A pelvic ultrasound is used to assess the uterus, ovaries and other pelvic structures. It is a commonly used test for conditions such as pelvic pain, abnormal bleeding, menstrual problems, assessment of the endometrium, IUCD positioning, fertility, bloating, pelvic masses and issues in pregnancy. Both transabdominal and transvaginal (internal) scans may be performed.
Transvaginal ultrasound involves placing a thin transducer (slightly thicker than a tampon) into the vagina. This results in much more detailed images and information being available due to the transducer’s proximity to the pelvic organs, and ultimately improves accuracy of diagnosis.
There are times when a transvaginal scan will not be required, and we recognise that it will not be a suitable or acceptable procedure for all women. Transvaginal scans are generally not performed on young girls, women that have not been sexually active and those declining the procedure. If you have any concerns please discuss them with the sonographer. A transvaginal scan is optional for all patients and it is your decision whether to proceed with that part of the examination.
About this Ultrasound
Your examination will be performed by a sonographer. Upon being taken into the examination room the sonographer will introduce themselves, confirm your identity and examination. A clear gel is applied to the skin over the area to be examined (lower abdomen/pelvis). The ultrasound probe is then placed in contact with the skin and moved over the surface to study the structures below.
Once adequate images have been obtained externally over the abdomen, the transvaginal scan will be offered and you will be asked to empty your bladder and change in to a gown. The transvaginal transducer is disinfected before use and a protective cover is placed over the transducer each time it is used, so there is no risk of infection. The probe is then lubricated with gel prior to insertion into the vagina, and then moved gently to visualise the pelvic organs. This part of the examination generally only takes 10-15 minutes. During both parts of the scan the sonographer may be required to mildly push on the abdomen to move bowel out of the way to gain better visualisation and test mobility of pelvic structures. If at any time the examination is causing excessive discomfort or you wish the examination to end, please advise the sonographer immediately.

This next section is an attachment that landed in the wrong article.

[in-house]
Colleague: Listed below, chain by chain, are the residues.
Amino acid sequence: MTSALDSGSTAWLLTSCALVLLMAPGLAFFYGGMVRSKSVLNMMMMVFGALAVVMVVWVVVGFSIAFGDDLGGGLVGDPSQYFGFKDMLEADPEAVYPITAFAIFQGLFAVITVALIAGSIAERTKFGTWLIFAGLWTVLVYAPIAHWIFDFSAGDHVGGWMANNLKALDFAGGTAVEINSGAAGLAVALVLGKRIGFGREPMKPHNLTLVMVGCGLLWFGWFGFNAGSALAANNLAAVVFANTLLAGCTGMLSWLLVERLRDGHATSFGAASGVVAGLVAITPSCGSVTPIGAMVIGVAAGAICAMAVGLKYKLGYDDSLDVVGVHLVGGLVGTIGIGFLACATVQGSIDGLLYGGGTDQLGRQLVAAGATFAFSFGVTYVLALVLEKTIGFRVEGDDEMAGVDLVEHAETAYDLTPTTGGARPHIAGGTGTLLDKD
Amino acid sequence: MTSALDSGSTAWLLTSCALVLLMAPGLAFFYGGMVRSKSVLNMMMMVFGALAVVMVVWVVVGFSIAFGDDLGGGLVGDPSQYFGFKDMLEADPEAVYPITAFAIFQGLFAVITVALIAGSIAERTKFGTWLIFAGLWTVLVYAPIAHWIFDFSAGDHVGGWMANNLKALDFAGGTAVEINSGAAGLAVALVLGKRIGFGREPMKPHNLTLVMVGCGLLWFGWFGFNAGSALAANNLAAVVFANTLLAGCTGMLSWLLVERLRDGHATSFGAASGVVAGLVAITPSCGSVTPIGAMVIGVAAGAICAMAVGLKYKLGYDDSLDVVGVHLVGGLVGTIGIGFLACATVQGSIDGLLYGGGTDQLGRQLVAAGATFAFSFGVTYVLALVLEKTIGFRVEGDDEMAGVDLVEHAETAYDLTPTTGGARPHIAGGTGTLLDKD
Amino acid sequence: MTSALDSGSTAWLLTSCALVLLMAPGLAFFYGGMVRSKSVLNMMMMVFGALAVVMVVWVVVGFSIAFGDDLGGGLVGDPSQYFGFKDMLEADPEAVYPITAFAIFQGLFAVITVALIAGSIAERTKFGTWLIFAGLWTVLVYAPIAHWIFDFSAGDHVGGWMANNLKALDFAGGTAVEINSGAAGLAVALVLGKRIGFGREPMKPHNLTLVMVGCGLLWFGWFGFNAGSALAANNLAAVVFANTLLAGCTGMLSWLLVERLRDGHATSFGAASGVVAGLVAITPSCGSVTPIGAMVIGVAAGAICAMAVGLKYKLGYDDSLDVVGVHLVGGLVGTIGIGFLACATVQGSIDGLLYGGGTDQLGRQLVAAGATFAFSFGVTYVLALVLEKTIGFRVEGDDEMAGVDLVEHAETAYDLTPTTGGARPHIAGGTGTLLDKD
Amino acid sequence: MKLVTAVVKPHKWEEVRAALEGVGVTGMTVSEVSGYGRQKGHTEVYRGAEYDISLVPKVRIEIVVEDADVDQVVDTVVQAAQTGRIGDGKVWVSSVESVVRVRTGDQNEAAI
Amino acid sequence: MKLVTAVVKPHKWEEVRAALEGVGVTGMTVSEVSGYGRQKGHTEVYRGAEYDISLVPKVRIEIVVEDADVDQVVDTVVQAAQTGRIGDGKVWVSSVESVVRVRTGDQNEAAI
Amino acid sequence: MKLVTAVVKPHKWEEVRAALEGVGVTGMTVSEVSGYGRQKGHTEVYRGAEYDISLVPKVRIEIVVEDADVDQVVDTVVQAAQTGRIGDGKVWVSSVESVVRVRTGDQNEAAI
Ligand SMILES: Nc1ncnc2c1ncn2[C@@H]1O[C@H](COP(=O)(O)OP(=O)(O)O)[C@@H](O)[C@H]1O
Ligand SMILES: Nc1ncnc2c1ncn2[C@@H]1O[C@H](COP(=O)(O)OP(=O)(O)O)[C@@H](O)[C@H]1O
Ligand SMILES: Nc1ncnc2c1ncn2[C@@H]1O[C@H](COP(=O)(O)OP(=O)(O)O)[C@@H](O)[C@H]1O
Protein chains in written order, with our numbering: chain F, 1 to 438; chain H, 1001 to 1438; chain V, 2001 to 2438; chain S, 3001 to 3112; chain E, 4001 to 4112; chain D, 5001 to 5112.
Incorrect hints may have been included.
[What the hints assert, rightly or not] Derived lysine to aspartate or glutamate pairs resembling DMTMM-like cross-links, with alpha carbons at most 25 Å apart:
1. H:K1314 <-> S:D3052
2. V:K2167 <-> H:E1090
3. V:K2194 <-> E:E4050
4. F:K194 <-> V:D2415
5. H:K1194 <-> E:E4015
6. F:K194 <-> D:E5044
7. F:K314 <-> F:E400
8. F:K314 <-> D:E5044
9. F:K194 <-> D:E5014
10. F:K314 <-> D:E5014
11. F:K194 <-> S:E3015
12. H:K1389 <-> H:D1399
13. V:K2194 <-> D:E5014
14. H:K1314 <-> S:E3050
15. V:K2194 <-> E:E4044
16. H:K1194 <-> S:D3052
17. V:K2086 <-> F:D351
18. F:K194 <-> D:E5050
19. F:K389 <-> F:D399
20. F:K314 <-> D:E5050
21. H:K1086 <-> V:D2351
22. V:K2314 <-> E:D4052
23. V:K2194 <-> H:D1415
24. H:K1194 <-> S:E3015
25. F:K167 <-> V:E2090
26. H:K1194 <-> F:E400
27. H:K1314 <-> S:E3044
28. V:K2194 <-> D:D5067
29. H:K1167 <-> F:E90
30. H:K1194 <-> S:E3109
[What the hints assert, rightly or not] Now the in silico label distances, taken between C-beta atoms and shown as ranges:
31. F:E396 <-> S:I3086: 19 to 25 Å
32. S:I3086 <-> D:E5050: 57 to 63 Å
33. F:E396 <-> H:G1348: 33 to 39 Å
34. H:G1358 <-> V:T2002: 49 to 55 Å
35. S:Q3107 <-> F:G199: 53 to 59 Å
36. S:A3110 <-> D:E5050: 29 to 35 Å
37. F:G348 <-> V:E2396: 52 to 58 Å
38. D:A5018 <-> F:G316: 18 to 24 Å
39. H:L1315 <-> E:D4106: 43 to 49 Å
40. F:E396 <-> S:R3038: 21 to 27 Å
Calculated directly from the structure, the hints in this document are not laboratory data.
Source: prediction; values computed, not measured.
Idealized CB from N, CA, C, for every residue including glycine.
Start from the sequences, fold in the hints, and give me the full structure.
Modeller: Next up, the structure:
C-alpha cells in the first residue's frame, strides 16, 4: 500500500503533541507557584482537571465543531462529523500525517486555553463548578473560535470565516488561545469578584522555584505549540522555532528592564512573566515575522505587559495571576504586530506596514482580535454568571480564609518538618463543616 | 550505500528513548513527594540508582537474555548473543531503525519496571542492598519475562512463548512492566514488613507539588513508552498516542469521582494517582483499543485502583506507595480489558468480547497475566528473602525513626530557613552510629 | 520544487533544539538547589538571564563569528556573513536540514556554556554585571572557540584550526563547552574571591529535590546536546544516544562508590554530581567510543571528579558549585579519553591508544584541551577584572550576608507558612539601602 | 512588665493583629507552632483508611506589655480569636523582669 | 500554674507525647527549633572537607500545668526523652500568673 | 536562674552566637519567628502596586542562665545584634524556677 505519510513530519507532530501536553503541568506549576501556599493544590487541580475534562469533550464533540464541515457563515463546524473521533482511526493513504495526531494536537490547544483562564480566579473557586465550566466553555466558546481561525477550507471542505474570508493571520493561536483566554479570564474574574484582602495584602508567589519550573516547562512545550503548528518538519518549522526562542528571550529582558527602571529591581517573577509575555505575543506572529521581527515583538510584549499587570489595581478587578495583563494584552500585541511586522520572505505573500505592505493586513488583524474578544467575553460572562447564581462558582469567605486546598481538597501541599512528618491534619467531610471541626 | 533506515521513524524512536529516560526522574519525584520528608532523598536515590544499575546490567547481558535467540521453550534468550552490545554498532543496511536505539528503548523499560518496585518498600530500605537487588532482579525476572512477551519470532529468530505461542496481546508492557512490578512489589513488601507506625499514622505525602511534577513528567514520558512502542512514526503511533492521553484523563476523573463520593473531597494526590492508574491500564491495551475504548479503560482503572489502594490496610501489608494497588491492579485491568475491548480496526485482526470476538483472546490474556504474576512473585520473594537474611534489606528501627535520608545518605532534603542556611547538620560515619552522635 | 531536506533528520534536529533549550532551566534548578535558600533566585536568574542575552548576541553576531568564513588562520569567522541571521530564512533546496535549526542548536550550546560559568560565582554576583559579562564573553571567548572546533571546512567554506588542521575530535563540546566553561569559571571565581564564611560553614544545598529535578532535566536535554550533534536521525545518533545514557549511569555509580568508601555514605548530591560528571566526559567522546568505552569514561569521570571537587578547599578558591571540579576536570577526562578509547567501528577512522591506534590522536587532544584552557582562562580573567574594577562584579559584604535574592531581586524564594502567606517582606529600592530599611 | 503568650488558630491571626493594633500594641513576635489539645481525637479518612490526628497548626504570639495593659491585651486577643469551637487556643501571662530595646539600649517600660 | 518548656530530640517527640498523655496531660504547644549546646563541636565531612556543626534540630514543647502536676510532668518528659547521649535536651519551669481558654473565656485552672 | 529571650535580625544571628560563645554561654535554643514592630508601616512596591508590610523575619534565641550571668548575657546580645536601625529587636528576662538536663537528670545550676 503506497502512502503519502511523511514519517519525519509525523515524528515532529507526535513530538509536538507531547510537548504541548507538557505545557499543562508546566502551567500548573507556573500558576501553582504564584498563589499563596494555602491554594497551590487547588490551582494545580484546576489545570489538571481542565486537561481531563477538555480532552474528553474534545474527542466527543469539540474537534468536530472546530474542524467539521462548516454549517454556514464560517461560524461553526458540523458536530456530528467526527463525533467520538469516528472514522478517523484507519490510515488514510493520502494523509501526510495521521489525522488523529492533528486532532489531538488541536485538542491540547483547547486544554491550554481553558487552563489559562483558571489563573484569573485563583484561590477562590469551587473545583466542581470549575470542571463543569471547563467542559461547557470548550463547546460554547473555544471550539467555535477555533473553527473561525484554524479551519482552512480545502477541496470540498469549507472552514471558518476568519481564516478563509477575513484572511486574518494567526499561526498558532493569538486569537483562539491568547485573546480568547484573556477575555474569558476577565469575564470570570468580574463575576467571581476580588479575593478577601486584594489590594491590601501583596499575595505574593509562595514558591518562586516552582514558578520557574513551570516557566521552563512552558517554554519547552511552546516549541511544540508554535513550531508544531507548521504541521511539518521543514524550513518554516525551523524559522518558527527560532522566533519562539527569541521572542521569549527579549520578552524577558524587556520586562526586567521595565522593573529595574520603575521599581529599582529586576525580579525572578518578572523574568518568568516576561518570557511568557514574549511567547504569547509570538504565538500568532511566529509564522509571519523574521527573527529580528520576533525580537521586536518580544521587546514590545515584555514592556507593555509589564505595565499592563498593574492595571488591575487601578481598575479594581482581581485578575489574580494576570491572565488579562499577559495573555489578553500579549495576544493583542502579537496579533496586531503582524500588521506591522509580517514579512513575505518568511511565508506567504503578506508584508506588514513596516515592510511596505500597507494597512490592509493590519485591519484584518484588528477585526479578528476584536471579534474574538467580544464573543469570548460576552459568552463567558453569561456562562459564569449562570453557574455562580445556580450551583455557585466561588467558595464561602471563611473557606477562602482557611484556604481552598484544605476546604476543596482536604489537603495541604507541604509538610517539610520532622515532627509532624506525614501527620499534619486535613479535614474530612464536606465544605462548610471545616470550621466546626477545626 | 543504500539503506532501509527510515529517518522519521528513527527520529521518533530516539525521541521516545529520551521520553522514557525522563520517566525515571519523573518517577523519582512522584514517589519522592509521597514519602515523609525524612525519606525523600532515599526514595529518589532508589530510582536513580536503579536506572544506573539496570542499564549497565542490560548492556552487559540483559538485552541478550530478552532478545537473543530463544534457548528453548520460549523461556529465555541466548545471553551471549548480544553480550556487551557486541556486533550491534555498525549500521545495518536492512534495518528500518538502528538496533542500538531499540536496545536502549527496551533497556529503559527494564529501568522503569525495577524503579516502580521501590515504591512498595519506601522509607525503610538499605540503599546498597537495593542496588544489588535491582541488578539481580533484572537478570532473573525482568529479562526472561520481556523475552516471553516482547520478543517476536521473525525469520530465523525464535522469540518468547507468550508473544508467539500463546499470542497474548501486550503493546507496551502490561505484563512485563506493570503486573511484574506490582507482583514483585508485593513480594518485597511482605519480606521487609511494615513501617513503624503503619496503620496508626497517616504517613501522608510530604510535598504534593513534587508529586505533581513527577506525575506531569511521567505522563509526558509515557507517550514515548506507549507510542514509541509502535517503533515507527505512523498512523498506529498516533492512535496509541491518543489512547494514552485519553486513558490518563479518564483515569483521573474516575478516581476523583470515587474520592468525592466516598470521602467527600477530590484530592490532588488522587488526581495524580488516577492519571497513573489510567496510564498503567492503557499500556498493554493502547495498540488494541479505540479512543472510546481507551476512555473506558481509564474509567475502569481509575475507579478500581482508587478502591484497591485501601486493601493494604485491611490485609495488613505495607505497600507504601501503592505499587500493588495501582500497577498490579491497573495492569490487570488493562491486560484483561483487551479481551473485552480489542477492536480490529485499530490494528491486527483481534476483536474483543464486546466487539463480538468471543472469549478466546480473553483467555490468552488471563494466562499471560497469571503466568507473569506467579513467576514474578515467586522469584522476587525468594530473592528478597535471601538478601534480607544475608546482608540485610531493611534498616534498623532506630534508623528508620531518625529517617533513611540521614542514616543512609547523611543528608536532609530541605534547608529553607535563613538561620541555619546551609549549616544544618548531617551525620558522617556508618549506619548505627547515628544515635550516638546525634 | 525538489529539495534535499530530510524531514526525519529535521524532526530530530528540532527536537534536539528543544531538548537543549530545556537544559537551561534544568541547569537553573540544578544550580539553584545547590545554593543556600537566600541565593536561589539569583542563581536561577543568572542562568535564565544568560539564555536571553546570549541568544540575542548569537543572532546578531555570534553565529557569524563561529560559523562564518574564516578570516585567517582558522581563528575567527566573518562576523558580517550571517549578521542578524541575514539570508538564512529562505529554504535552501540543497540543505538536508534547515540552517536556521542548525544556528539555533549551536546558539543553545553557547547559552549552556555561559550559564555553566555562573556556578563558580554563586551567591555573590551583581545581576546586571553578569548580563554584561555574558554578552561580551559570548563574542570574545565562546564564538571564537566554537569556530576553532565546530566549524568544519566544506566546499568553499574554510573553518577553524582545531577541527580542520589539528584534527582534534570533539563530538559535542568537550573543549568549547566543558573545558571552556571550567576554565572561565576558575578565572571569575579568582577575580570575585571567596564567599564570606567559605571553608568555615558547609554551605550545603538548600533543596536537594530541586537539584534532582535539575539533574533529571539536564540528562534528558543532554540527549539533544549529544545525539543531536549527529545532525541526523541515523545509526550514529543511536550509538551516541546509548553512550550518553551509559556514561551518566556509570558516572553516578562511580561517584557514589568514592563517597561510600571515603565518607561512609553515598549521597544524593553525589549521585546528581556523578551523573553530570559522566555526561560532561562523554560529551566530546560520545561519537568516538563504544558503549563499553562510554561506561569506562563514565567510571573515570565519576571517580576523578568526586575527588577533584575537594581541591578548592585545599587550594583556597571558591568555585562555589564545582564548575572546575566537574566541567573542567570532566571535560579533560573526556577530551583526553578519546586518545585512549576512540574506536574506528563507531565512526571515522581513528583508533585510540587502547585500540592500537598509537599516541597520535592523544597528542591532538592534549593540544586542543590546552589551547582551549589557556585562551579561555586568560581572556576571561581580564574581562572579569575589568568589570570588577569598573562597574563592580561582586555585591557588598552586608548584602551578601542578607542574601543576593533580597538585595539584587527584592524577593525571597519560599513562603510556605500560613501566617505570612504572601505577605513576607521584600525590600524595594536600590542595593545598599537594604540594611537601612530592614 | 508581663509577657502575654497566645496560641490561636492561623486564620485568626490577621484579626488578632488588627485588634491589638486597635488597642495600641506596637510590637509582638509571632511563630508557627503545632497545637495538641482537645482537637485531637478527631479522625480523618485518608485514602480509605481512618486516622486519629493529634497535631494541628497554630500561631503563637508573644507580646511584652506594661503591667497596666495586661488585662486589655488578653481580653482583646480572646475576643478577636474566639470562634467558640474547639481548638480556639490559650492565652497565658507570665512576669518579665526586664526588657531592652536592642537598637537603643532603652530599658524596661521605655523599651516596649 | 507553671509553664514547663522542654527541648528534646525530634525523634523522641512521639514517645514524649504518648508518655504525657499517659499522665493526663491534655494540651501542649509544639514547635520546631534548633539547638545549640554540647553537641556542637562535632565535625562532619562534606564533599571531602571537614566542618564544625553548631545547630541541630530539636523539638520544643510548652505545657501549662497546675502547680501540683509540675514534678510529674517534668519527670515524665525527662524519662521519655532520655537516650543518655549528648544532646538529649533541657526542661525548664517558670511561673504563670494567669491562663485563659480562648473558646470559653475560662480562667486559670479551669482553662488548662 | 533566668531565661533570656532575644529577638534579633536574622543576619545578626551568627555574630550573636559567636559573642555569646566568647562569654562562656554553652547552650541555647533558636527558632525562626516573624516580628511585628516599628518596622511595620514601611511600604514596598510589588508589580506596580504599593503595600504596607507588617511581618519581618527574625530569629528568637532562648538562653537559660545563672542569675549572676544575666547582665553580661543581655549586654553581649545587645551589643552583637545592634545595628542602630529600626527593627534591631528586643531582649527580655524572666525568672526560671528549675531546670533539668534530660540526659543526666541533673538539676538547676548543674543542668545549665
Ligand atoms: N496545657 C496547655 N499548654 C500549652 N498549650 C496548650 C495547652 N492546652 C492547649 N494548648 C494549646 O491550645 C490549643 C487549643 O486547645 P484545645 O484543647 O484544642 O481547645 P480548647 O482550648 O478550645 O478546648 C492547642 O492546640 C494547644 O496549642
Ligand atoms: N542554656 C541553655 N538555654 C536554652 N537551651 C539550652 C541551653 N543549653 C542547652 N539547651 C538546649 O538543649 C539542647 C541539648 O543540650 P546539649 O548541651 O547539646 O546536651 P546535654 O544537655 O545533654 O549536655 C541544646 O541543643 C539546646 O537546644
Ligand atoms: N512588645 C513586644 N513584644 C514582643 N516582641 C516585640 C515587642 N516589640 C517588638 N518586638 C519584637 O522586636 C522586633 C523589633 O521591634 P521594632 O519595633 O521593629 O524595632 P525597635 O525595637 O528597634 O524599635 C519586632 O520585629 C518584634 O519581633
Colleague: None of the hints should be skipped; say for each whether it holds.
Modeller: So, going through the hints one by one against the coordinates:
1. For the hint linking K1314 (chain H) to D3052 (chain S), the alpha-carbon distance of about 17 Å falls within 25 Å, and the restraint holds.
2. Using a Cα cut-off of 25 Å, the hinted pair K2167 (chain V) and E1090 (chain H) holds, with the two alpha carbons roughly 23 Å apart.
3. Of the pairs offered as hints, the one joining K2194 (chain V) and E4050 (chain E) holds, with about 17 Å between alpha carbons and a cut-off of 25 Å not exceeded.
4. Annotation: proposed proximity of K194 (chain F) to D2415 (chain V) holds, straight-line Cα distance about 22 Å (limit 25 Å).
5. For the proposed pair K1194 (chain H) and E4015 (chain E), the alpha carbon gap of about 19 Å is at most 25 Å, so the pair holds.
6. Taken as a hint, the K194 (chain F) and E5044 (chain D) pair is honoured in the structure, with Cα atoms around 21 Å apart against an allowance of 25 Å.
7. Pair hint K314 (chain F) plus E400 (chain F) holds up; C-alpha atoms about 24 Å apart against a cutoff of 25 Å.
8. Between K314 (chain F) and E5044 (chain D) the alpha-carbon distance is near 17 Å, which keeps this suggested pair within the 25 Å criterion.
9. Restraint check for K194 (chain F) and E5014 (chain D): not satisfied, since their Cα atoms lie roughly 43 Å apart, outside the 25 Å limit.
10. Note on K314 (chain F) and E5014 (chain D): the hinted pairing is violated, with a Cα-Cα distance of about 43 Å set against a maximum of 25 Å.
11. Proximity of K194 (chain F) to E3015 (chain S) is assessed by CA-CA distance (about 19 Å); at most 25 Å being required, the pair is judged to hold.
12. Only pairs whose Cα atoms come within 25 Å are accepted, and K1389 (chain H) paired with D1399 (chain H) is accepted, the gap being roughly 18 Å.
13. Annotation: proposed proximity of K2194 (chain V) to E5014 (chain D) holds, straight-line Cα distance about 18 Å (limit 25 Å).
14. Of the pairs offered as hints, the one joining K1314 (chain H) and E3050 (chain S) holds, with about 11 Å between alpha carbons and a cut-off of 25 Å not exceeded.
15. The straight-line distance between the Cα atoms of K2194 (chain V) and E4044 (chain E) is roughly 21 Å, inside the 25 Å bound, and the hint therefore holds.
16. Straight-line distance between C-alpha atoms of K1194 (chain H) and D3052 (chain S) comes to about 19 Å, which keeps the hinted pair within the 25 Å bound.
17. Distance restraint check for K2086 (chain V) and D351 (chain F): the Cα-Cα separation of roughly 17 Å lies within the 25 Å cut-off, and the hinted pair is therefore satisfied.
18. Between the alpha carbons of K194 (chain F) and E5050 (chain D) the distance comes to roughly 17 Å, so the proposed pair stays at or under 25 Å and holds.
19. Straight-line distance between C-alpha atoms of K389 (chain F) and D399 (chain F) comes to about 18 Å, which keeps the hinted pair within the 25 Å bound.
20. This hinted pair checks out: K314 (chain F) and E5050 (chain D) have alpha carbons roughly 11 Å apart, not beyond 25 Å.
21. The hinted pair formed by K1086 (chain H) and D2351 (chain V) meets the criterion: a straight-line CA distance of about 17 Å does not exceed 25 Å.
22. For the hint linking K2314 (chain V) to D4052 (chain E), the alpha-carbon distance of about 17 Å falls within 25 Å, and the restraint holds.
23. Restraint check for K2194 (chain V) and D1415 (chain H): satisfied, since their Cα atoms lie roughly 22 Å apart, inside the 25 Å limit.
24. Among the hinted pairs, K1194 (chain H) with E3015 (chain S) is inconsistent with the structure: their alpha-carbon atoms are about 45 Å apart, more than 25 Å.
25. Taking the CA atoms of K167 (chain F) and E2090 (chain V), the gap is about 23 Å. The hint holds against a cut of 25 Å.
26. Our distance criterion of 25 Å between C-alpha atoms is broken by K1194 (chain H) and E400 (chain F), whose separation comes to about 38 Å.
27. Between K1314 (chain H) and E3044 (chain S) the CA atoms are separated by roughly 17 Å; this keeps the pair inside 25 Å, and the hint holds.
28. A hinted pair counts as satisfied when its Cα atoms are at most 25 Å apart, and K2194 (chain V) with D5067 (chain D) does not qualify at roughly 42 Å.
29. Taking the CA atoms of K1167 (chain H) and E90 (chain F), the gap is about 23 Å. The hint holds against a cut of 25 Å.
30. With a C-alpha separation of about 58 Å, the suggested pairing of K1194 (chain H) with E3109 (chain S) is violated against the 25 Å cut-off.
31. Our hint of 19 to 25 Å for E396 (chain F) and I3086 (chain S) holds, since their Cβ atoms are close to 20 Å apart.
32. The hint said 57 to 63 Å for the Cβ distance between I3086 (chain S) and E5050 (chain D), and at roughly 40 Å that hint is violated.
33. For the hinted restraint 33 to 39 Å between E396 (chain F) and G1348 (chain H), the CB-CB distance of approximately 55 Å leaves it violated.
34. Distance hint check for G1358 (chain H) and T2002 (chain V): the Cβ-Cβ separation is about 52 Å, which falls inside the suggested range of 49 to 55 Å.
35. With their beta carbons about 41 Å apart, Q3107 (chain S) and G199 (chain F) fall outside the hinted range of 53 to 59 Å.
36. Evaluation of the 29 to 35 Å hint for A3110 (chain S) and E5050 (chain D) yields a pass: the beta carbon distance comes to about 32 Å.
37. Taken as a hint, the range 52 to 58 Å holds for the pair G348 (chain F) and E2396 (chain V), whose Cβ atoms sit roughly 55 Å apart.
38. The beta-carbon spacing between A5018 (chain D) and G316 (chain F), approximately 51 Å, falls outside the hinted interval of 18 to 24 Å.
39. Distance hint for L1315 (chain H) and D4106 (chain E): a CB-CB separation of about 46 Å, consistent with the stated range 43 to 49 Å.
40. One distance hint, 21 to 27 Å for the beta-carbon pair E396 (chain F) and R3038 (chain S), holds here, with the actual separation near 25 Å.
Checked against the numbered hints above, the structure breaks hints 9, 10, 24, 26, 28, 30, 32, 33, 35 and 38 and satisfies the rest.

Once your examination is completed a radiologist (specialist medical doctor) will review the sonographer’s images and interpretation, and provide a written report for your doctor. Radiologists may attend your examination to personally examine and discuss your issues, while viewing images in real time.
Before your Scan
A pelvic ultrasound can be performed at any stage of your cycle but for best results we suggest you organise your scan to be done at the end of your period when the lining of the uterus is at its thinnest (day 4-9 of your menstrual cycle). Obviously if you are in pain or your referring doctor requires the examination to be done urgently, then your appointment can be accommodated sooner or at any stage of your cycle. It is a good idea to wear clothing that allows easy access to the area that is being imaged, so two piece clothing is ideal (separate upper/lower garments).
Transabdominal ultrasound provides an overall survey of the whole pelvic region and information on larger structures. A full bladder is required. Drink one litre of water finishing one hour prior to your appointment and do not empty your bladder. Distension of your bladder provides a window to view your pelvic organs through and compresses bowel out of the way. Your bladder need not be overly full that it causes you pain or distress; please advise reception staff on arrival if this is the case and you will be advised of your options.
Transvaginal imaging is performed with an empty bladder and as a result many women may find it more comfortable.
Preparation details for your examination will be confirmed when you make your appointment.
Approximately 30 minutes.
Are you ready to make your Ultrasound appointment?